Chances are, we will never see a heartwarming Aaron Sorkin movie about somebody with a learning disability or severe handicap they had to overcome. This is for the best. The most caffeinated major American screenwriter, Sorkin only seems to find his voice when inhabiting a frantically energetic persona whose thoughts outrun their ability to verbalize and emote them. The start of his latest movie, Molly's Game, is so resolutely Sorkin-esque that it's almost a self-parody. Only this time, like most of his better work, it's based on a true story.

Keep reading... Show less
7

There's something characteristically English about the Royal Society, whereby strangers gather under the aegis of some shared interest to read, study, and form friendships and in which they are implicitly agreed to exist insulated and apart from political differences.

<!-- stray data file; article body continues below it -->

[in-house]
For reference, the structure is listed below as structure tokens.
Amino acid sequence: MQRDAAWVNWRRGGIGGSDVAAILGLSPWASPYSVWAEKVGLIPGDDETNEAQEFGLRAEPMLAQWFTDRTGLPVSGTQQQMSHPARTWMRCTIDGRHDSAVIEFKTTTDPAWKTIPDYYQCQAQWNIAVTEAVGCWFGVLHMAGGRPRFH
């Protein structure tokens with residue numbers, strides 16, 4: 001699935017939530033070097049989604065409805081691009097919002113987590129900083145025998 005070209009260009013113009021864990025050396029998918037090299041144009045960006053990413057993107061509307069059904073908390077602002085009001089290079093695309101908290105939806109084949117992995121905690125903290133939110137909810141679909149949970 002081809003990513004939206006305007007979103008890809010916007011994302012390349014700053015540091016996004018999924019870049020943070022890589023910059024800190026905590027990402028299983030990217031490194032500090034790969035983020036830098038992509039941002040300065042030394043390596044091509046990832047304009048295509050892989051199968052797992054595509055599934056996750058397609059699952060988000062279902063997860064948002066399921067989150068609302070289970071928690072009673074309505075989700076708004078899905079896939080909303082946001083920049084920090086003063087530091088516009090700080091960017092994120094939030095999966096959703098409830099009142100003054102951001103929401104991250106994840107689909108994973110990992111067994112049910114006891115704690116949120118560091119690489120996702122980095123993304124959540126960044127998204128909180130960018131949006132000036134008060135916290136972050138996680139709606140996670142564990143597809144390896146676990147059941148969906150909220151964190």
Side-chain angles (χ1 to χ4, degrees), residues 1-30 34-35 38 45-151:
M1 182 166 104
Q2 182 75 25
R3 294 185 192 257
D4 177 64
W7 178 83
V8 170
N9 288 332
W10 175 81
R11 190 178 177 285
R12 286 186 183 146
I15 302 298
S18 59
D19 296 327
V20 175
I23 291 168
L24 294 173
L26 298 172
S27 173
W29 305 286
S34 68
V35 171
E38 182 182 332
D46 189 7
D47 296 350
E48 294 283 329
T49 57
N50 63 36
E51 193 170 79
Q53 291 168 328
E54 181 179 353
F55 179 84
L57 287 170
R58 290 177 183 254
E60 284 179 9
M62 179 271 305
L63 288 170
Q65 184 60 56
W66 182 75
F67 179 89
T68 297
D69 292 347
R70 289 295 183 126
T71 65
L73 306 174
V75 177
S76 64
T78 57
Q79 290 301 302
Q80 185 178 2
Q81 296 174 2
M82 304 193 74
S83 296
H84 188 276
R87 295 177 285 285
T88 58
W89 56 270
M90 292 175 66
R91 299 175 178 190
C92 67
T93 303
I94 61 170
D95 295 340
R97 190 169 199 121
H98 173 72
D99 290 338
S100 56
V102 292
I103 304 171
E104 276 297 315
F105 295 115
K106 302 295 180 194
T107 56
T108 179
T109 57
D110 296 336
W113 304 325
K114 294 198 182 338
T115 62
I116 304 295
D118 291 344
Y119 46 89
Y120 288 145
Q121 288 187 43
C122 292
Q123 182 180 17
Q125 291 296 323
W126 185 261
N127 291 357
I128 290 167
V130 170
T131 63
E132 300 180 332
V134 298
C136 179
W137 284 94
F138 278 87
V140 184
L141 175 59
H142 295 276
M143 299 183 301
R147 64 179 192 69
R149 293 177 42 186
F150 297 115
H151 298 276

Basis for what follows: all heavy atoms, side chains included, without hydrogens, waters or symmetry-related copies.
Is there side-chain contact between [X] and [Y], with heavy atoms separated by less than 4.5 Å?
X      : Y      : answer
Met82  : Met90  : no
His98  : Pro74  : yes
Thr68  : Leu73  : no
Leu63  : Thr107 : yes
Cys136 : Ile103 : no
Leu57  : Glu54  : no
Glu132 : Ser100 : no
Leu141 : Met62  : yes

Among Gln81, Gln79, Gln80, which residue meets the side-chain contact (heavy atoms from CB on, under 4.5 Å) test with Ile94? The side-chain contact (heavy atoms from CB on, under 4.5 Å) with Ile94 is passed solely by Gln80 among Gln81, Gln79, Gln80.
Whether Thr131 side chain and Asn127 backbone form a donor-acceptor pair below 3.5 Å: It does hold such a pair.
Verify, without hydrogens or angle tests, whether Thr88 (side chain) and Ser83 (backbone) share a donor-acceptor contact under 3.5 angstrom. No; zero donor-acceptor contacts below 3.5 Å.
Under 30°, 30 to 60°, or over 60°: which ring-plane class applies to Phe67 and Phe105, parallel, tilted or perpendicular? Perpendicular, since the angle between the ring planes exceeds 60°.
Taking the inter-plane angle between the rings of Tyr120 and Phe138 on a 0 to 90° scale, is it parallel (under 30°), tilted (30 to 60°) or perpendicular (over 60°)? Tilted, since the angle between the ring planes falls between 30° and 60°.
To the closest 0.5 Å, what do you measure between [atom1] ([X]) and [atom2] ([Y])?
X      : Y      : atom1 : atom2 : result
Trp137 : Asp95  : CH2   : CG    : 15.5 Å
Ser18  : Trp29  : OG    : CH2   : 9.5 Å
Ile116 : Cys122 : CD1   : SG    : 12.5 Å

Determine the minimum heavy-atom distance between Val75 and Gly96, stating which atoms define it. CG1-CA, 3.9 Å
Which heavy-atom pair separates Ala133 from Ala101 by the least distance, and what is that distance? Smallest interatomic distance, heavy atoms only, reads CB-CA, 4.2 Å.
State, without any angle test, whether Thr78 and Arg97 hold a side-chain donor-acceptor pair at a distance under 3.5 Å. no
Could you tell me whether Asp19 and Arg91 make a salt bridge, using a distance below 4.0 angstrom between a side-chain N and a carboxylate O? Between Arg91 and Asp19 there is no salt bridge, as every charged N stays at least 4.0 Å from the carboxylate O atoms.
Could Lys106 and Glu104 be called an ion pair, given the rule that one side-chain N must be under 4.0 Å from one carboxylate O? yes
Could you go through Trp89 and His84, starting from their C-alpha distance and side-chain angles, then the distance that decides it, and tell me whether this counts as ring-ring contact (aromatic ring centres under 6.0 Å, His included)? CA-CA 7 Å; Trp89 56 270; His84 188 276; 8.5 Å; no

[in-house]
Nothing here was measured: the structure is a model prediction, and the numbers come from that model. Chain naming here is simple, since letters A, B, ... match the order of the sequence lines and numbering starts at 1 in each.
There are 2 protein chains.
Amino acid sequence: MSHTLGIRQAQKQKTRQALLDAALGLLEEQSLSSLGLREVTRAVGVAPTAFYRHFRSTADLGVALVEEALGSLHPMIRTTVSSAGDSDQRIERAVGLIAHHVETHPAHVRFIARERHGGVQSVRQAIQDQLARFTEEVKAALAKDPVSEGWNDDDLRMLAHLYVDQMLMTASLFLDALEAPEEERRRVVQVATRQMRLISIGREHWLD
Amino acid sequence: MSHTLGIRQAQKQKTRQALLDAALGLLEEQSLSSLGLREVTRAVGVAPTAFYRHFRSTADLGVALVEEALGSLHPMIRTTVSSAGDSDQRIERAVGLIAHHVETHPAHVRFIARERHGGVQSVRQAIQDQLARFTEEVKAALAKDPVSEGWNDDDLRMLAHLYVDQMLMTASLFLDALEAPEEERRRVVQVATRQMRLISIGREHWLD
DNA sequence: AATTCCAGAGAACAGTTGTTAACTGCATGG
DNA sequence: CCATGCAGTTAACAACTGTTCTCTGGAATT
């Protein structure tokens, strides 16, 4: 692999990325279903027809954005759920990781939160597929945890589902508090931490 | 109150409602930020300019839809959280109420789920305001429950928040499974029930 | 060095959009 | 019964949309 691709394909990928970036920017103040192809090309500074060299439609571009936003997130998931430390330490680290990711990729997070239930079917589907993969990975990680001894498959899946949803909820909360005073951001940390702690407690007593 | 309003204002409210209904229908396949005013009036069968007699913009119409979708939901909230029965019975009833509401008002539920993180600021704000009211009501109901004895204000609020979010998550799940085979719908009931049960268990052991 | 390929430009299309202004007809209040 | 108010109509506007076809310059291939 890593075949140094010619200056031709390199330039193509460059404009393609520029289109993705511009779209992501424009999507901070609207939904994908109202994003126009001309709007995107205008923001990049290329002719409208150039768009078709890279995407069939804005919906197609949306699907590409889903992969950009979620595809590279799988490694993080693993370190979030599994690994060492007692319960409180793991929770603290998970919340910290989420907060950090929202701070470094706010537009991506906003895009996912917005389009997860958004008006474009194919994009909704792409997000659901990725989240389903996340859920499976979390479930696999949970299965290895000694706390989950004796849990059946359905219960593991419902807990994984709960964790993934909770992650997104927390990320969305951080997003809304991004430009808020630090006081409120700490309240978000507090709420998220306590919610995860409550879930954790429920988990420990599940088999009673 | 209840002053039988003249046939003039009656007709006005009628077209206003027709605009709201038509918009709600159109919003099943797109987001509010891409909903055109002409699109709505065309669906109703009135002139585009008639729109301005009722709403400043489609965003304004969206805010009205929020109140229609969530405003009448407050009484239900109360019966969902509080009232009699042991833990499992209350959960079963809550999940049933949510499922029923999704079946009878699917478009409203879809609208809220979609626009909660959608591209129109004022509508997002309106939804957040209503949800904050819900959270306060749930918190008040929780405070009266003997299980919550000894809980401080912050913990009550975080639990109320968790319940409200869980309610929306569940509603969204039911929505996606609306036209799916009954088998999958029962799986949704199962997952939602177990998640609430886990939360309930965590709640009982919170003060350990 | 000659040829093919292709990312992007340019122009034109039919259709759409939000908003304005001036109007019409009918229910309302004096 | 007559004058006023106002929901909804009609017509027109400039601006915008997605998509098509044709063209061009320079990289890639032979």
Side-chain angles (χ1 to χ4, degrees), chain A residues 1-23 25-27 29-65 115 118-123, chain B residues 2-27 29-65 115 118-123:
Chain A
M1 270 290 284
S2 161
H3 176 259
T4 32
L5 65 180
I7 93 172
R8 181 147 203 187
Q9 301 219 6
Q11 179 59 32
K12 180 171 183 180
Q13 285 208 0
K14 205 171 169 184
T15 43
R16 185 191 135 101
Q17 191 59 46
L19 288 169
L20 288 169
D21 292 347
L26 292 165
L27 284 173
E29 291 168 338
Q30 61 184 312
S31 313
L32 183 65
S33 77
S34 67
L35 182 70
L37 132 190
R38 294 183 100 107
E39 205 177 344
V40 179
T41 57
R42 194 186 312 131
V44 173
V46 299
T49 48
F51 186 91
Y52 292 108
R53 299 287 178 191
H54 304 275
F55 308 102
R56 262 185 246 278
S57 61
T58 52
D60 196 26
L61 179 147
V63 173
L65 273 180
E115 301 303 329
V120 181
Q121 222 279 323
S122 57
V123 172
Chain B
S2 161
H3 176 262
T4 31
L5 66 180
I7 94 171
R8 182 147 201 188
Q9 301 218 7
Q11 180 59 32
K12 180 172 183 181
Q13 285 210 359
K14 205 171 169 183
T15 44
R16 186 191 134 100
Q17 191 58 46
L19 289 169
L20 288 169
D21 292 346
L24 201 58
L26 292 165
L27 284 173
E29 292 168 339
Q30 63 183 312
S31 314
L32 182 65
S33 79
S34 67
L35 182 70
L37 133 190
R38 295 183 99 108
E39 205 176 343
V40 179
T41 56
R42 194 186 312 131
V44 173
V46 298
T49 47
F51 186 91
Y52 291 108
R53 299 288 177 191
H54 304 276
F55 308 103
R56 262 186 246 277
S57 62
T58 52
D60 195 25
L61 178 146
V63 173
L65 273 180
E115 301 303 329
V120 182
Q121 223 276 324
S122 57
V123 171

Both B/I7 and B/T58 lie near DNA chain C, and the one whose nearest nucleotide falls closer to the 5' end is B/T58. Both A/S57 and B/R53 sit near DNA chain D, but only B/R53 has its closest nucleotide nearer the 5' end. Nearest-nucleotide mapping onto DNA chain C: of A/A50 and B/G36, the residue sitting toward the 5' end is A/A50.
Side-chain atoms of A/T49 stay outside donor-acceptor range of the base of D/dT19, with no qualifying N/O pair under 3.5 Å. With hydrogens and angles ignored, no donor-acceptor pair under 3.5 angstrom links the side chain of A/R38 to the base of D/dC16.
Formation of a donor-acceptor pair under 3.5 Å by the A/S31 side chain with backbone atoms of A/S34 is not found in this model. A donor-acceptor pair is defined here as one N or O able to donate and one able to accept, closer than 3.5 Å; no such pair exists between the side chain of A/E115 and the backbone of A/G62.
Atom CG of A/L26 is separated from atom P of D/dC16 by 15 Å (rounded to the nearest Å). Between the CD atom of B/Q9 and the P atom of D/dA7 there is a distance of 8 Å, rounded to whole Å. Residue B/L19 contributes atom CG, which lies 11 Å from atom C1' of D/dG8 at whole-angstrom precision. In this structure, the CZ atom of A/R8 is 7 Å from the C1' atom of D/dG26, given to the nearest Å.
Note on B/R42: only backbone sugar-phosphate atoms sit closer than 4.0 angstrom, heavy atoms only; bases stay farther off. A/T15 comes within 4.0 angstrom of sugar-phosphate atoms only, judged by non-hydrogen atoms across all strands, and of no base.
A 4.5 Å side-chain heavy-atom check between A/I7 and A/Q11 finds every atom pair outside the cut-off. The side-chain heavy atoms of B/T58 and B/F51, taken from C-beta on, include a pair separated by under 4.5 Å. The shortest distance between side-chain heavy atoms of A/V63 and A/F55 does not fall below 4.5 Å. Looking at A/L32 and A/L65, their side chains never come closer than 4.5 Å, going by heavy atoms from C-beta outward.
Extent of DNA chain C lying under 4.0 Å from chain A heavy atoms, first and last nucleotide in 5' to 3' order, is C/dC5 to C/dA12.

There is an amusing detail in The Curious World of Samuel Pepys and John Evelyn that is emblematic of the kind of intellectual passions that animated the educated elite of late 17th-century England. We learn that Henry Oldenburg, the first secretary of the Royal Society, had for many years carried on a bitter dispute with Robert Hooke, one of the great polymaths of the era whose name still appears to students of physics and biology. Was the root of their quarrel a personality clash, was it over money or property, over love, ego, values? Something simple and recognizable? The precise source of their conflict was none of the above exactly but is nevertheless revealing of a specific early modern English context: They were in dispute, Margaret Willes writes, "over the development of the balance-spring regulator watch mechanism."

Keep reading... Show less
8
Pop Ten
Mixed Media
PM Picks

© 1999-2017 Popmatters.com. All rights reserved.
Popmatters is wholly independently owned and operated.

rating-image